From: Michael Field - NC Systems Server Engineering - SUN Ireland (Michael.Field at domain Ireland.Sun.COM)
Date: Fri 20 Aug 1999 - 10:15:47 IST
On either this month's or last month's PC Plus there's an article comparing both
*and* both are on the cover CD. If you want to try both, for a small expense,
it's the most hassle free way. (and you'll also get an article on bios that I
haven't got around to reading yet)
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> Subject: [ILUG] Re: Gnome vs KDE
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> On Fri, Aug 20, 1999 at 12:22:40AM +0100, Trevor Johnston mentioned:
> > I have neither KDE nor Gnome on my Redhat Linux machine - before I start
> > the long process of downloading the latest version and installing one of
> > them, can anyone advise me as to which is best, which has the best
> > future, the best support, etc., etc.?
> It depends on yourself. I wholeheartily recommend you try both. At the
> moment, GNOME promises a stunning framework for applications, though at the
> moment, we've not seen much of that yet. It's futuristic, but incomplete,
> as far as the GNOME roadmap is concerned. If you are a GUI developer -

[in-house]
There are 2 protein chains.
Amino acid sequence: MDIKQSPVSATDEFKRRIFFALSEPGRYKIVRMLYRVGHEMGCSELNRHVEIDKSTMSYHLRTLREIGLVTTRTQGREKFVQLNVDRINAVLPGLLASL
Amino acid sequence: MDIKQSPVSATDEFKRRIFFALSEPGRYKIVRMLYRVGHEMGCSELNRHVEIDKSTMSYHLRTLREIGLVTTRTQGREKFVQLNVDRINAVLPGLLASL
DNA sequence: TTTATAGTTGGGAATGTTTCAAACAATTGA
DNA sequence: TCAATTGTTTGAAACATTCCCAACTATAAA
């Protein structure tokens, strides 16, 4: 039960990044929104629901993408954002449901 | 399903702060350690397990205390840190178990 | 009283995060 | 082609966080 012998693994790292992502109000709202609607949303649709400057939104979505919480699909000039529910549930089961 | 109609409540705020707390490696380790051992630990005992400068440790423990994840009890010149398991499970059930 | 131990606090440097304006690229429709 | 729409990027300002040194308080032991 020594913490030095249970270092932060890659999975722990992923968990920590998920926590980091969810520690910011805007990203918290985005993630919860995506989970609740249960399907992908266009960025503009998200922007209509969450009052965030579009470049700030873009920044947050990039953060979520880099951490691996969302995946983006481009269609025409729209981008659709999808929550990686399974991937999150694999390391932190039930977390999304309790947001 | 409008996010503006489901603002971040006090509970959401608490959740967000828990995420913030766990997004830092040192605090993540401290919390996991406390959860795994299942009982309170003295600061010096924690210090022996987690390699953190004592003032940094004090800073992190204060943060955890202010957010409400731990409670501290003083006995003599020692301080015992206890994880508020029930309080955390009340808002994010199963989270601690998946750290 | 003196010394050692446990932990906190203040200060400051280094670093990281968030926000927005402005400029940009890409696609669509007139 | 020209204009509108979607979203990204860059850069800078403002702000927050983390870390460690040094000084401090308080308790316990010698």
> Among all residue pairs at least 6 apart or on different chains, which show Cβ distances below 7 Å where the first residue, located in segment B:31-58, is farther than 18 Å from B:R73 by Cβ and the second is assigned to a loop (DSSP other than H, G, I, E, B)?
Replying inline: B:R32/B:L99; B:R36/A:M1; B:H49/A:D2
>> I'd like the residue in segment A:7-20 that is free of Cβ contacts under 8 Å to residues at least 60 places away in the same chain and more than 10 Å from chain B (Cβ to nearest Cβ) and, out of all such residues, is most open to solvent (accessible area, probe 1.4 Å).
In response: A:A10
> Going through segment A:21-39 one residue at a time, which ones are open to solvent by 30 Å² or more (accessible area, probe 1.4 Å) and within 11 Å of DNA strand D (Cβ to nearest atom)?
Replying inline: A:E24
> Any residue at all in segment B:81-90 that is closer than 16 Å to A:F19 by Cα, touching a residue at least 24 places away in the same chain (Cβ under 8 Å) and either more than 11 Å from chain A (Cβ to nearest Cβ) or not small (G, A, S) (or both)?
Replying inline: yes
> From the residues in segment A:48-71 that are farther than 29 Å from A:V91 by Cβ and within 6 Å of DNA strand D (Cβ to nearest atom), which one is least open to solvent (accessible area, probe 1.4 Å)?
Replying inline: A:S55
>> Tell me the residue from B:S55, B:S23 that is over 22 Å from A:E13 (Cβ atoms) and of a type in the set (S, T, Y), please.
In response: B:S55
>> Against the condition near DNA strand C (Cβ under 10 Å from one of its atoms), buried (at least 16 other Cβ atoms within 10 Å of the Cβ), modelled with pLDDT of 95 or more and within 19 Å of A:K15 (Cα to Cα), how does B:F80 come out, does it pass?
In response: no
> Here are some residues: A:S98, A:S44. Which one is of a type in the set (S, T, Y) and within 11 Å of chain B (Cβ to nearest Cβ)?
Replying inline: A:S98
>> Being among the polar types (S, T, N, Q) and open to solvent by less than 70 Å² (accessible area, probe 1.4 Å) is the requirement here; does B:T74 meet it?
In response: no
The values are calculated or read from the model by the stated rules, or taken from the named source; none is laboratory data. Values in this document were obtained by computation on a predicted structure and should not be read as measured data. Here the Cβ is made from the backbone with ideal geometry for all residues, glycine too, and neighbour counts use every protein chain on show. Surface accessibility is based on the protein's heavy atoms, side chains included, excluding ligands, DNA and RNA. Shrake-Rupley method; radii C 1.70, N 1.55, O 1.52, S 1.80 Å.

> GNOME is the future, and you should get ready for it.
> KDE is a full environment now, in the standard sense of the word. A lot of
> people don't like it - it's very simple to use (and reminds people of
> MS-Windows and CDE, which are disliked by a lot of people), it's not as
> snappy as some GNOME for some stuff - though the filemanager, and it's
> integration with the other KDE tools is excellent.
> However, as has been pointed out, it's not either-or. I run enlightenment
> (which is GNOME enabled, to a degree), with the GNOME panel, and ETerms
> (which aren't GNOME or KDE apps). I think the GMC file manager that GNOME
> comes with is a bit crap; KFM allows me to drag&drop stuff into kpilot
> (KDE's Palm Pilot Sync tool - GNOME's one, although much better designed is
> still unusable at the moment).
> The GNOME and KDE people have done a lot of interoperability work, so by
> and large, it shouldn't matter what you use; it'll all work together.
> However, I don't actually run KDE applications all the time; I think it's
> a waste to load the complex GTK/GNOME and QT widget sets all the time. If
> you can manage to just use one environment, do so; it'll save 10MB of RAM.
> Try it out. It's not as if you have to pay for it, or anything ;) Though
> it should be pointed out, that you should use a modern distribution with
> GNOME. It's still in development as far as I'm concerned. They were in such
> a hurry to get GNOME 1.0 out the door, that it's barely of Beta quality -
> install the version that comes with RedHat 6.0, and install the RedHat
> updates. KDE is quite stable.
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